As I write this, we’re preparing for our 17th Sunday of not meeting together for a weekend worship service. Most of our people understand and appreciate the caution. A few are trying to understand and be gracious and patient even if they disagree. And I. Miss. My. People. I love my church. A lot! I […]
As I write this, we’re preparing for our 17th Sunday of not meeting together for a weekend worship service. Most of our people understand and appreciate the caution. A few are trying to understand and be gracious and patient even if they disagree.
And I. Miss. My. People.
I love my church. A lot! I love being a pastor. I love preaching to fellow humans and interacting with the crowd. I love greeting people in the lobby. I love singing. I love all the church gathering things.
But with each week that passes, the emotional roller coaster ride of trying to maintain a sense of community gets a little wilder. I’ve spent 23 years being a busy, productive pastor with multiple teaching or speaking opportunities each week, meetings with staff and leaders, and coffees with guys here and there. And even though I’m an introvert by nature, I love all of that.
Where I live, coffee shop tables aren’t open yet, and if they were, I’d be too cautious to sit at one. We don’t have offices at our church building (we work remotely), and if we did, I’d be too cautious to spend a day there in close quarters with others.
So I work from home, like most pastors I talk to these days. I study and read more. I’m on social media more (ministry happens there now more than ever). And since it’s summer, I see a lot more of my kids (sometimes, every few minutes for help with a major crisis or question about snacks). My wife is an incredibly bright spot and lifts my spirits daily. But some days, I get down, like you probably do.
I put together a somewhat fictitious schedule of what life looks like on the worst days. Perhaps you can identify?
8:23 a.m. –
Roll out of bed, read the Bible, have quiet time.
8:51 a.m. –
See the latest headlines.
8:58 a.m. –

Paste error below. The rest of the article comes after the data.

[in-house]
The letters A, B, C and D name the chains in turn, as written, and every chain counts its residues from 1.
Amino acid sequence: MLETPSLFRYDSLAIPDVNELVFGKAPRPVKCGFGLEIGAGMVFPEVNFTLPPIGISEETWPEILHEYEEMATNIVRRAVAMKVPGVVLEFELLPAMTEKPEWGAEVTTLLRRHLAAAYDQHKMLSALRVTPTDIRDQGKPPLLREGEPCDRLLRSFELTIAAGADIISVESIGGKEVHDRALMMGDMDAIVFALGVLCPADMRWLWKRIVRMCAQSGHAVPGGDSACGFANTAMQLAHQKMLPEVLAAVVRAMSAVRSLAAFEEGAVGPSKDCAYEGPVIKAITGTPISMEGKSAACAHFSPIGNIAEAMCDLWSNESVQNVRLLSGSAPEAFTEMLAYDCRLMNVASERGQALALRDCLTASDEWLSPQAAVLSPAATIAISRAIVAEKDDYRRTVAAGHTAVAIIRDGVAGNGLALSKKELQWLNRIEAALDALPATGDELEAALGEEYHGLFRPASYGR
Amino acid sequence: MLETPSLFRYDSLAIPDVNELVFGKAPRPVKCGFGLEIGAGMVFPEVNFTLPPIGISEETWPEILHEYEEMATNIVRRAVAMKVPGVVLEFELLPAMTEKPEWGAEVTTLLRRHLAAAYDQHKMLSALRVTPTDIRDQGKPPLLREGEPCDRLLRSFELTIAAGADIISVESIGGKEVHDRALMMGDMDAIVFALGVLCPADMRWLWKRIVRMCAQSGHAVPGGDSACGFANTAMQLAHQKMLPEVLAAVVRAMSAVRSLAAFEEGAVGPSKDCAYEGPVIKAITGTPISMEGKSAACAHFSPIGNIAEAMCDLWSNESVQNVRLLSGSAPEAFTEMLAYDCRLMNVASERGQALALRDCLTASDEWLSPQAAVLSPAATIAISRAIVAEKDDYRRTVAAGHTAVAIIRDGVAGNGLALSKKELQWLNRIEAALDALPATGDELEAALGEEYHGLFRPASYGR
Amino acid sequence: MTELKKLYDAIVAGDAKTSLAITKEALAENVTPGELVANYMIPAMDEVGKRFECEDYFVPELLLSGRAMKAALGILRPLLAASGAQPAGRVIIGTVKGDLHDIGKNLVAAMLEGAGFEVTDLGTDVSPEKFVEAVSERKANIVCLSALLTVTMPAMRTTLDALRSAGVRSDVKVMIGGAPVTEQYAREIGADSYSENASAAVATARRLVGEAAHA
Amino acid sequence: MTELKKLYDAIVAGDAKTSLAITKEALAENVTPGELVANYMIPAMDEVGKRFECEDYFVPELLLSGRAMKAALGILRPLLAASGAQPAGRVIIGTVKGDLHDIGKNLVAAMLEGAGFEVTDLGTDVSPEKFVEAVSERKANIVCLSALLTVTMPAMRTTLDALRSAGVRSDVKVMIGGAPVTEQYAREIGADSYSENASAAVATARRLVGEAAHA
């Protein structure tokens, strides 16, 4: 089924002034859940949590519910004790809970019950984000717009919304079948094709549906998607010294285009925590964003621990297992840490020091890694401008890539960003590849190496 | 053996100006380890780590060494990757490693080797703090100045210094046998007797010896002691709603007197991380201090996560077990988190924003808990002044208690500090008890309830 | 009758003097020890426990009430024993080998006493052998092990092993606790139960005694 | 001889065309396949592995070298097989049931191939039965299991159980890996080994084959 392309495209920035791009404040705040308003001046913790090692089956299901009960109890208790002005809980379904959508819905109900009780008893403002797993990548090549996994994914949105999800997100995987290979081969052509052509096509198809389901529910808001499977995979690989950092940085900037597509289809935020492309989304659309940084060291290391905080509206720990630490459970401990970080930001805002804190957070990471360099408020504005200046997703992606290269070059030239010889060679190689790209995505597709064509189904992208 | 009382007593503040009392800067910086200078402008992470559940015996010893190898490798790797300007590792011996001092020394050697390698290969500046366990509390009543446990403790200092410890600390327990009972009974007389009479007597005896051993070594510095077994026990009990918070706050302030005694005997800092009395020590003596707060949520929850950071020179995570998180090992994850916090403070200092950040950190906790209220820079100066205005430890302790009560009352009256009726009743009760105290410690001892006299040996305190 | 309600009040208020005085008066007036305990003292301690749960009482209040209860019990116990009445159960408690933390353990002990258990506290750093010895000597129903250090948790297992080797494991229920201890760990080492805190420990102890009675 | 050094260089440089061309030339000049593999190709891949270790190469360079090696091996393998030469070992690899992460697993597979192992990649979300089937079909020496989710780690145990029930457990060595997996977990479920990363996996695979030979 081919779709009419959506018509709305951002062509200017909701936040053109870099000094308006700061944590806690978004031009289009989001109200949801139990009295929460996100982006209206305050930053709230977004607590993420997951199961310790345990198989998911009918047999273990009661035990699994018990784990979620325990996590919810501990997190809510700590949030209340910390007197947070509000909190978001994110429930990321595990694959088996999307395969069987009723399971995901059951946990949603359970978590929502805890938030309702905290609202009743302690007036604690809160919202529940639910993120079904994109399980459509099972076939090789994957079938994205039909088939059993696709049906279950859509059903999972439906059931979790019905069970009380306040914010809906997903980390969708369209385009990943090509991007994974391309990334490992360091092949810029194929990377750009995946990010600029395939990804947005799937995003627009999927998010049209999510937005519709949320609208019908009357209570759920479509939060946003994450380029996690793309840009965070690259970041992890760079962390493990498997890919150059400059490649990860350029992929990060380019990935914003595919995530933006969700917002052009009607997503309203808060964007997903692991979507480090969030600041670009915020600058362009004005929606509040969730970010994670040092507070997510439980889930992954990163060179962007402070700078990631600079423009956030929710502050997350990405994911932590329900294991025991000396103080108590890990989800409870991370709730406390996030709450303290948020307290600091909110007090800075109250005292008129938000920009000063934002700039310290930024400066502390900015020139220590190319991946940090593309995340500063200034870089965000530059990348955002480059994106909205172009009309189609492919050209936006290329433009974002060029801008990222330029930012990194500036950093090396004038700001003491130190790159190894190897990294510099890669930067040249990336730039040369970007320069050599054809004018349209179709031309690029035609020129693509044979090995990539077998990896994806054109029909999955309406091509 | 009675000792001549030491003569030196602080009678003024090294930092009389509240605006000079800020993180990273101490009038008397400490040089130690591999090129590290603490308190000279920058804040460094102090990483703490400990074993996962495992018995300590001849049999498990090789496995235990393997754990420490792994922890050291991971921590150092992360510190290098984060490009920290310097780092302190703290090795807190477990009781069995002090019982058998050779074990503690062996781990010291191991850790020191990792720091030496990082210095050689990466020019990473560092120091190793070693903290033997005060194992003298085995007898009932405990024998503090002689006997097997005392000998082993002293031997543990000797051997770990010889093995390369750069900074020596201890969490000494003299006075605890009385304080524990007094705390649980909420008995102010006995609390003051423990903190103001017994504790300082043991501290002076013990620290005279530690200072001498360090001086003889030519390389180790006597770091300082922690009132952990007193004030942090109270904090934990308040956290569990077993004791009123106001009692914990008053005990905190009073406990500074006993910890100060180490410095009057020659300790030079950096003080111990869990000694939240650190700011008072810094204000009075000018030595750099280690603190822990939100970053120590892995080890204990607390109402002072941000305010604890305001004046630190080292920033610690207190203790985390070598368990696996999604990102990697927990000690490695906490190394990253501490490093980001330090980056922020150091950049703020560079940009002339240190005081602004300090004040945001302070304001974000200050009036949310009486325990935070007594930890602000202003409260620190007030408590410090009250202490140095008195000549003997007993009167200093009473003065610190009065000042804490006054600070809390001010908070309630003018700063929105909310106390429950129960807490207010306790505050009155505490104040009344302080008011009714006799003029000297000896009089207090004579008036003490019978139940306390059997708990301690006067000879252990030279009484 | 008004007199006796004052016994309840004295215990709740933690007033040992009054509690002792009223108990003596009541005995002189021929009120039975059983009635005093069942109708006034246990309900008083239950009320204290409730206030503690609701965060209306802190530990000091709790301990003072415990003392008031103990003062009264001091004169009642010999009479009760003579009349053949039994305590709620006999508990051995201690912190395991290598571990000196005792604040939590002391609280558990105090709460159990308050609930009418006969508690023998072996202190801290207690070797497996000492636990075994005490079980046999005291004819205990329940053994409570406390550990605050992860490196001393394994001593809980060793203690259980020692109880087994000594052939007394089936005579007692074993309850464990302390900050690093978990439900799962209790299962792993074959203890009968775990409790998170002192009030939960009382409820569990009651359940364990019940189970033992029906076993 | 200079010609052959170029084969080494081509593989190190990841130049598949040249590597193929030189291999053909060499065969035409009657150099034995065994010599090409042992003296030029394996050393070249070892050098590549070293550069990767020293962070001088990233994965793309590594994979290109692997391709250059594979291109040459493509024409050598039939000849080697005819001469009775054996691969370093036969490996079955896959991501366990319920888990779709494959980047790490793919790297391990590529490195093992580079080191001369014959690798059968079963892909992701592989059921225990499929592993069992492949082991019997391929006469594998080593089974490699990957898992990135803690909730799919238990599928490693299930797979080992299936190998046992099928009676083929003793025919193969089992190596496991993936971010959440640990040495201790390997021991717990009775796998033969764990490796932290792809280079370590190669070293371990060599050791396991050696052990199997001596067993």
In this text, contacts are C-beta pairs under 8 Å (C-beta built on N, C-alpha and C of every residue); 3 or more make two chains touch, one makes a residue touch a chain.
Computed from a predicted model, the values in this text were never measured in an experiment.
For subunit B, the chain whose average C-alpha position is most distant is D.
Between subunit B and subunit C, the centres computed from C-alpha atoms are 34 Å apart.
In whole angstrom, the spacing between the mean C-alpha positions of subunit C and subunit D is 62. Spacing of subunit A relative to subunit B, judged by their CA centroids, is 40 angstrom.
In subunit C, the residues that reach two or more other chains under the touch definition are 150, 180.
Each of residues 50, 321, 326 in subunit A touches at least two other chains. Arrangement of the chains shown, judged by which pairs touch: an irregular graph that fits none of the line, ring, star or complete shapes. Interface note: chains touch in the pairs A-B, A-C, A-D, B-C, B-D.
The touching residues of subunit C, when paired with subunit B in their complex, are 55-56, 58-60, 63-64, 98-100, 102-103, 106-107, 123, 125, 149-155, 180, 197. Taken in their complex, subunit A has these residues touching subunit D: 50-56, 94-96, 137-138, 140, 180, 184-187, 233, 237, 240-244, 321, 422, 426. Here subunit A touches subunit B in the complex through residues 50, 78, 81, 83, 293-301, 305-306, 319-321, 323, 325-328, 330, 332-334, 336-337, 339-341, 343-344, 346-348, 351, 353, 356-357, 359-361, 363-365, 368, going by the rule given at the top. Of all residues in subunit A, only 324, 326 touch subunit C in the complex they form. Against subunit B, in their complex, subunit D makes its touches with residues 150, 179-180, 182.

Panic, then remember the Bible reading and calm down.
9:06 a.m. –
Check social media.
11:18 a.m. –
Delete that post. Backspace over those comments. Make a vague and passive-aggressive post.
11:23 a.m. –
Decide to leave Facebook.
11:39 a.m. –
12:09 p.m. –
Eat first lunch.
1:14 p.m. –
Brainstorm about how to be productive.
1:17 p.m. –
Check social media, including Facebook.
2:26 p.m. –
Delete the post from this morning.
2:28 p.m. –
Check the headlines to see what ELSE has happened.
3:14 p.m. –
3:32 p.m. –
4:48 p.m. –
Wake up in a panic that I over-napped.
Do something productive.
5:21 p.m. –
Check headlines one last time.
And in the evening …
Go pretty much nowhere.
Watch no sports.
Don’t watch the news.
Hang with the family!
Let the kids finally pass out at 11:07 p.m. on the couch.
Binge watch something.
Crash by 1:44 a.m.
Actually, I still try to get up by 6 a.m., and do a lot of reading and writing. I’m still preaching weekly but it’s scheduled each week to be recorded and then broadcast live on Sundays. I still get to prepare sermons and I get to minister to people via email, social media and texting. Our staff meets every Wednesday (via Zoom) and then I host a Facebook live gathering every Wednesday night.
So there’s a lot to do and I stay busy, like most pastors I get to talk to. But it’s harder than usual to stay focused. It’s easier to get distracted. It’s easy to get buried in any number of controversies erupting around us. I’m slowly learning how to get more productive and I wanted to shoot from the hip with some personal recommendations for anyone else who might be struggling.
MY TOP TIPS FOR STAYING PRODUCTIVE IN A PANDEMIC
1. Start with prayer and the Word, not the news, email or social media. Technically, I start with making coffee, but then it’s into the Word.
2. Just start writing and creating. Even if you don’t know where you’re going with it. Get 300 words on paper about something.
3. Stay in a rhythm. Impose deadlines on yourself for various projects.
4. Enjoy the extra family time. Hopefully, you’ll only live through a season like this once in your life, so look back on it as a bonding time.
5. Work on your marriage. Have intentionally deep conversations with your spouse about the things you haven’t had time to talk about in a while.
6. Be balanced in your viewpoints. In an age of radical extremism in every direction, be a beacon of hope and stability.
7. Get outside. I’m most productive on days when I get out and refuse to sit behind a computer all day.
That’s all I’ve got. I’ve never been a productivity expert and I think we should give ourselves a bit of grace in this season.
You’re not going to get everything right.
You’re not going to get everything done.
You’re not going to make everyone happy.
So just live for an audience of One and bask in the sweetness of the knowledge that you matter, that you are loved and that God wants to use you in the middle of the mess. Keep loving Jesus. Keep loving people. And be that rare bright spot in someone’s day.
This article originally appeared on BrandonACox.com and is reposted here by permission.